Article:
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US Politics

He Still Shouldn’t Be Confirmed, But This is Funny


From the Washington Post:

His thesis adviser, professor emeritus Walter Murphy, put out a statement praising his former student and whacking the president who hopes to put him on the nation’s highest court: “I confess surprise that a man so dreadfully intellectually and morally challenged as George W. Bush would want a person as intellectually gifted, independent and morally principled as Sam Alito on the bench.”

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About the author

Don Pogreba

Don Pogreba is a eighteen-year teacher of English, former debate coach, and loyal, if often sad, fan of the San Diego Padres and Portland Timbers. He spends far too many hours of his life working at school and on his small business, Big Sky Debate.

His work has appeared in Politico and Rewire.

In the past few years, travel has become a priority, whether it's a road trip to some little town in Montana or a museum of culture in Ísafjörður, Iceland.


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  • Respect for the presidential election is important in deciding whether or not the minority party should fillibuster a president’s nominee for the Supreme Court. A fillibuster is required when a nominee is unfit for the appointment or clearly contrary to the American people’s sense of justice and the constitution. The majority of Americans voted for Bush in 2004 knowing that he would likely be appointing new Supreme Court justices. The American people have the right and the obligation to live with the consequences of their vote.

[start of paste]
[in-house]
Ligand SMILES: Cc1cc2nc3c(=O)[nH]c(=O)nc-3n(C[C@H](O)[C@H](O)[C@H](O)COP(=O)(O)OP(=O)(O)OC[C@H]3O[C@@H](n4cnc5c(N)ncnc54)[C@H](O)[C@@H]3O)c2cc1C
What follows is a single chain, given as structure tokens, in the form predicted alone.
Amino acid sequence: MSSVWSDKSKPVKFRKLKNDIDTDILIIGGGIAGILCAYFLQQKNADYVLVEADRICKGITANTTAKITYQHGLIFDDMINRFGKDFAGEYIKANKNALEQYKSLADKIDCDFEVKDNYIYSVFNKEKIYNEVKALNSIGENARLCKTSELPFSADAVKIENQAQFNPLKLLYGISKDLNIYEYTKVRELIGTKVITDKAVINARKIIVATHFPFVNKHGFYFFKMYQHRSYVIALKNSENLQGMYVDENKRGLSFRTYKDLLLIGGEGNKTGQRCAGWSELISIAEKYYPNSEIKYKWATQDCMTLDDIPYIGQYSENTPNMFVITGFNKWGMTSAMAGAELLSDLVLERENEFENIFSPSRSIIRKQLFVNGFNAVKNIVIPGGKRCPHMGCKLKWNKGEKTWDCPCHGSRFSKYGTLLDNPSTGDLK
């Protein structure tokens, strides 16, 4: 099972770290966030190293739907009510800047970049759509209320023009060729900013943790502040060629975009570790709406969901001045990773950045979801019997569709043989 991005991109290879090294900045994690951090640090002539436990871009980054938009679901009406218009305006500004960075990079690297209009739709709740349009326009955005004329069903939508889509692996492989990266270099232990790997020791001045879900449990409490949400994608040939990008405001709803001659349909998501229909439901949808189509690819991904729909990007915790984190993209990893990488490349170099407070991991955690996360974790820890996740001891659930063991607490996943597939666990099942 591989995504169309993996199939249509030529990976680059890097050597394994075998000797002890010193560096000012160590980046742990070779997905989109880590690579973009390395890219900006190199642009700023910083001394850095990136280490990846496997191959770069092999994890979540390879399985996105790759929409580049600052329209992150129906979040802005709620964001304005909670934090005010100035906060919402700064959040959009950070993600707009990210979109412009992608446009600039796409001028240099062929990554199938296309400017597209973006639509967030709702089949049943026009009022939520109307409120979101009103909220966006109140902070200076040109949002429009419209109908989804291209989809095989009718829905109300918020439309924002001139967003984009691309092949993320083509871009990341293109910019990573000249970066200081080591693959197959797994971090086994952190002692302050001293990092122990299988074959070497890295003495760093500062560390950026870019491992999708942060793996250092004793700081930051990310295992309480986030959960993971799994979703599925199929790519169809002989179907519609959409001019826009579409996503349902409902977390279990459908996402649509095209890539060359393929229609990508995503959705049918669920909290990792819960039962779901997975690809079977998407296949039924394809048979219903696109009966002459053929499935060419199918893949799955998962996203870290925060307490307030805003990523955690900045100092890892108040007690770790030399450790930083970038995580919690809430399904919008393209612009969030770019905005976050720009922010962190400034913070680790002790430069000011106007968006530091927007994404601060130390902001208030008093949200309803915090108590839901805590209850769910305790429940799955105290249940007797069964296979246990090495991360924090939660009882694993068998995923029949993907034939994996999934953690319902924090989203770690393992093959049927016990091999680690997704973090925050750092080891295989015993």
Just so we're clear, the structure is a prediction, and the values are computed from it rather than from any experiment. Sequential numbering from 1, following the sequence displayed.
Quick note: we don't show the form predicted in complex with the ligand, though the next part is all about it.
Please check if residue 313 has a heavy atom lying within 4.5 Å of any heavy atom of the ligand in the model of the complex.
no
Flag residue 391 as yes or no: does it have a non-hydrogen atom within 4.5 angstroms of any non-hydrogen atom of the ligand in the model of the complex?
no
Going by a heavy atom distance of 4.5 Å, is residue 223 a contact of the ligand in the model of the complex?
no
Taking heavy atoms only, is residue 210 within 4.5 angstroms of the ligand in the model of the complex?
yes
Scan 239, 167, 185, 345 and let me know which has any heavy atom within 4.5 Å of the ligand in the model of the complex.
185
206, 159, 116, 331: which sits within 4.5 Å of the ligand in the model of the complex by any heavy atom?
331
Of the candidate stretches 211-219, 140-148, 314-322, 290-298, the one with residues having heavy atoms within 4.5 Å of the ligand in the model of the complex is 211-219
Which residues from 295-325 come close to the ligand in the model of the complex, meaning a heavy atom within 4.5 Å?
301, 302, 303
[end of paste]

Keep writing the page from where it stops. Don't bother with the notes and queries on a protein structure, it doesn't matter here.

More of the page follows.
I disagree with many of the decisions Alito has made, especially with regards to women’s and workers rights, civil rights, and gun control. But, Bush is an intellectually challenged ideologue with a penchant for cronyism, and we are lucky he didn’t appoint one of his daughters to the high court. Democrats lost in 2004 and they need to get a lot smarter to be able to win in 2008. Fillibustering Alito’s nomination now is not be part of an effective long-term strategy. It would be a continuation of the kicking and screaming begun after the 2004 election.

  • You make an interesting case, though my concern is that some people cannot afford to deal with the foolishness of the American electorate. Alito is a dangerous nominee–and while I have often thought that the answer to America’s electoral indifference would be to get just what the Republicans have to offer, the impact might be too great.

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